When a pregnant woman in her mid-30s felt pain and complained to the cabin crew of Indigo 6E 122 flight Delhi-Bengaluru, little did she know that her baby would be born mid-air.
This was just 15 minutes after the flight took off from Delhi on October 7. When the cabin crew asked if there was a doctor on board, a plastic surgeon Nagaraj attended to her and suspected indigestion.
But as pain did not subside, the crew asked if there was another doctor on board. That was when Sailaja V., a consultant gynaecologist with Cloudnine hospital, rose to help. However, the woman, in a state of restlessness, walked towards the restroom and that was when her water broke.
“I realised she was into labour, and that her pregnancy was at least 32 week old. She was alone and had not seen a doctor before. I sanitised myself, wore the gloves, and started the delivery process. We used whatever we could lay our hands on. After cutting the umbilical cord, I used the gauze as no clamps were available. The premature male baby was born at 6.10 p.m. near Bhopal,” Dr. Sailaja told The Hindu.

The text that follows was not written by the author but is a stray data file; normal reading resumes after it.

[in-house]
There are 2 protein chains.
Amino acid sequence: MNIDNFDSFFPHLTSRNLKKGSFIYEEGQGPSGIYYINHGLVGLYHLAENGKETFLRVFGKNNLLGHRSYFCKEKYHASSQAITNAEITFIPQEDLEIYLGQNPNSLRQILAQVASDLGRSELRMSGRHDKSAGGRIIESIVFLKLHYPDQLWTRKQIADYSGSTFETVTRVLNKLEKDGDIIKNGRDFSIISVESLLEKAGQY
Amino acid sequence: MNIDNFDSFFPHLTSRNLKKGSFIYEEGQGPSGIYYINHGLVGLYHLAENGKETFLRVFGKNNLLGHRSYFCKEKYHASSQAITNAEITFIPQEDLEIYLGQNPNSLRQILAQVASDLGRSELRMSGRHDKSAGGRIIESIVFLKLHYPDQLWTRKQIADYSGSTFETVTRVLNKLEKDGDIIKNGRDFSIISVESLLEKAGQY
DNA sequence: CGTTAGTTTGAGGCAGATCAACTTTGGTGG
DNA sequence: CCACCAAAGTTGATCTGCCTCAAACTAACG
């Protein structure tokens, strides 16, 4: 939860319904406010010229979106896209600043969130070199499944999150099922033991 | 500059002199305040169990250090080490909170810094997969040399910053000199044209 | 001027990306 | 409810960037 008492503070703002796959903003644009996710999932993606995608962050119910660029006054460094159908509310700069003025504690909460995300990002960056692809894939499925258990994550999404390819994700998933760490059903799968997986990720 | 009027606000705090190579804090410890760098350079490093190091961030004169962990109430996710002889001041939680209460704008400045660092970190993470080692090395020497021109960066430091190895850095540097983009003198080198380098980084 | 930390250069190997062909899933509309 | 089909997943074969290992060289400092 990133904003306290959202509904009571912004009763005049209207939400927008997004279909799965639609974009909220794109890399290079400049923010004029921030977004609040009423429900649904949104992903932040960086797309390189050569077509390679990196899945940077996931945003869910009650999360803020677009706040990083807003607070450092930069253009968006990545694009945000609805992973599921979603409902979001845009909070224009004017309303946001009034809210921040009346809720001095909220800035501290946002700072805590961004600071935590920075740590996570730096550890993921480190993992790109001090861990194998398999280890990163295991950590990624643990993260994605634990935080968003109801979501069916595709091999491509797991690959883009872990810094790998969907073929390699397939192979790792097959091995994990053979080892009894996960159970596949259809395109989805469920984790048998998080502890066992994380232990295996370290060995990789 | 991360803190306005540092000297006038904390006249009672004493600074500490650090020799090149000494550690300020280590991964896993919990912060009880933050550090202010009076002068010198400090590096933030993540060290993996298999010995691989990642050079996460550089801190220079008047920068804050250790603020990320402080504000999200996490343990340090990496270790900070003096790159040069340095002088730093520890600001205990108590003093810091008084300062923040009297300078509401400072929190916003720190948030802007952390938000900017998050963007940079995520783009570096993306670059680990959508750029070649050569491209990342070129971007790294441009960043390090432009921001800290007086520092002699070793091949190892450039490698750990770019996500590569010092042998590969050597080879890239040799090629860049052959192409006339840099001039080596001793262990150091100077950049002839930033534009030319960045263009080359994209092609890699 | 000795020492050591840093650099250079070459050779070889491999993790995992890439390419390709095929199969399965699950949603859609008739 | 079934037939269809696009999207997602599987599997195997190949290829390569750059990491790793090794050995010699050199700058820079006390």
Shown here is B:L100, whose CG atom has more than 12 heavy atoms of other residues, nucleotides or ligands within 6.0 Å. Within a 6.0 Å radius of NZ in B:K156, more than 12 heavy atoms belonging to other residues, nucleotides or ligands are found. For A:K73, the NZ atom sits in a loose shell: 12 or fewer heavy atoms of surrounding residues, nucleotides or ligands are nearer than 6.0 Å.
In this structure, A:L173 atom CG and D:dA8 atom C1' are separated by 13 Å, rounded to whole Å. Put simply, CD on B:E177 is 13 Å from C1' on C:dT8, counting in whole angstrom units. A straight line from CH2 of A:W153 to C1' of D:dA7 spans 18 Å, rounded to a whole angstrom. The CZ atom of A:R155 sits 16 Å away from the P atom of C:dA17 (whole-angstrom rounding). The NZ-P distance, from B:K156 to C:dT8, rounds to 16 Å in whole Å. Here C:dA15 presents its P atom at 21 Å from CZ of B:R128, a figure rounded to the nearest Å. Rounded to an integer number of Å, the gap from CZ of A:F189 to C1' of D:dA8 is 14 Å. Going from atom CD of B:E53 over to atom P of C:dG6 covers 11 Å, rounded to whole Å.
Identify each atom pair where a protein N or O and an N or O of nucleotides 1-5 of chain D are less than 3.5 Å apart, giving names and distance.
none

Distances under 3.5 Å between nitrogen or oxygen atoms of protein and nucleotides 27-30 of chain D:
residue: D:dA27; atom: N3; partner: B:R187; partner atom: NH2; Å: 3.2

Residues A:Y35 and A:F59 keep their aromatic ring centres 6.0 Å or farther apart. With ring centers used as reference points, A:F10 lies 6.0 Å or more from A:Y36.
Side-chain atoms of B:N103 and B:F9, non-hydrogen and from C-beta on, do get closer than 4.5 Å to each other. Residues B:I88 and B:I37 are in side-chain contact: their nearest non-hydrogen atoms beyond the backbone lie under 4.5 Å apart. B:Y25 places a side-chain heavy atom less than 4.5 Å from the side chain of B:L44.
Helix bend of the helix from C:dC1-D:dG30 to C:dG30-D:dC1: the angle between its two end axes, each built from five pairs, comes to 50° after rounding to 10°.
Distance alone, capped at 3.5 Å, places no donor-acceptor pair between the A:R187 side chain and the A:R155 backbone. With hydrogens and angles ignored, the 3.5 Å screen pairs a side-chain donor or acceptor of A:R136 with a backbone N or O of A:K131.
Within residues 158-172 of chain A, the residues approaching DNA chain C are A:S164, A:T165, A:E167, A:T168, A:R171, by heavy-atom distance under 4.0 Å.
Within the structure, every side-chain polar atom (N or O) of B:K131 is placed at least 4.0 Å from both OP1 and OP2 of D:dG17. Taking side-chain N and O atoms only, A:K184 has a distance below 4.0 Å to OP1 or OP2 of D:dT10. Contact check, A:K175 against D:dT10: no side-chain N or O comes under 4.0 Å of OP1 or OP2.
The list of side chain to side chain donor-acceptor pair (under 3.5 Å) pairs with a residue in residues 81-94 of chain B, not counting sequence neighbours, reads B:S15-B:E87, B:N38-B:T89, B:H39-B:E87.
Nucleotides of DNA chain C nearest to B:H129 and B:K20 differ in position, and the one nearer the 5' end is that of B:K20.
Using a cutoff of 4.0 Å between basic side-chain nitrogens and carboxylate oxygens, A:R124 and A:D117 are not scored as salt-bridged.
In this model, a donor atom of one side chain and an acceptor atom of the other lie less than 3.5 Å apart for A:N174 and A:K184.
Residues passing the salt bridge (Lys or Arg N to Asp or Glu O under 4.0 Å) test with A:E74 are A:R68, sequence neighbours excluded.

“The mother was bleeding and we needed clothes. Passengers came forward to help and we used shawls to wrap the mother and the child. Bags were placed to make an elevated bed on the three-seater row for the mother,” she said adding that it was a great feeling to hold the baby.
Dr. Sailaja said she was happy to have saved two lives and do justice to what she had learnt. “The lady was extremely strong and it was her second baby.” About the response from other passengers, the doctor said, “Passengers were extremely cooperative; they were thrilled, amazed, and fearful. When the pilot announced that there is a new member on board, everyone applauded.”
She said the crew was extremely supportive, and stressed on the need for airlines to train staff to deal with such emergencies. “Airlines should engage with maternity hospitals to train their staff to give basic training, this will help a lot.”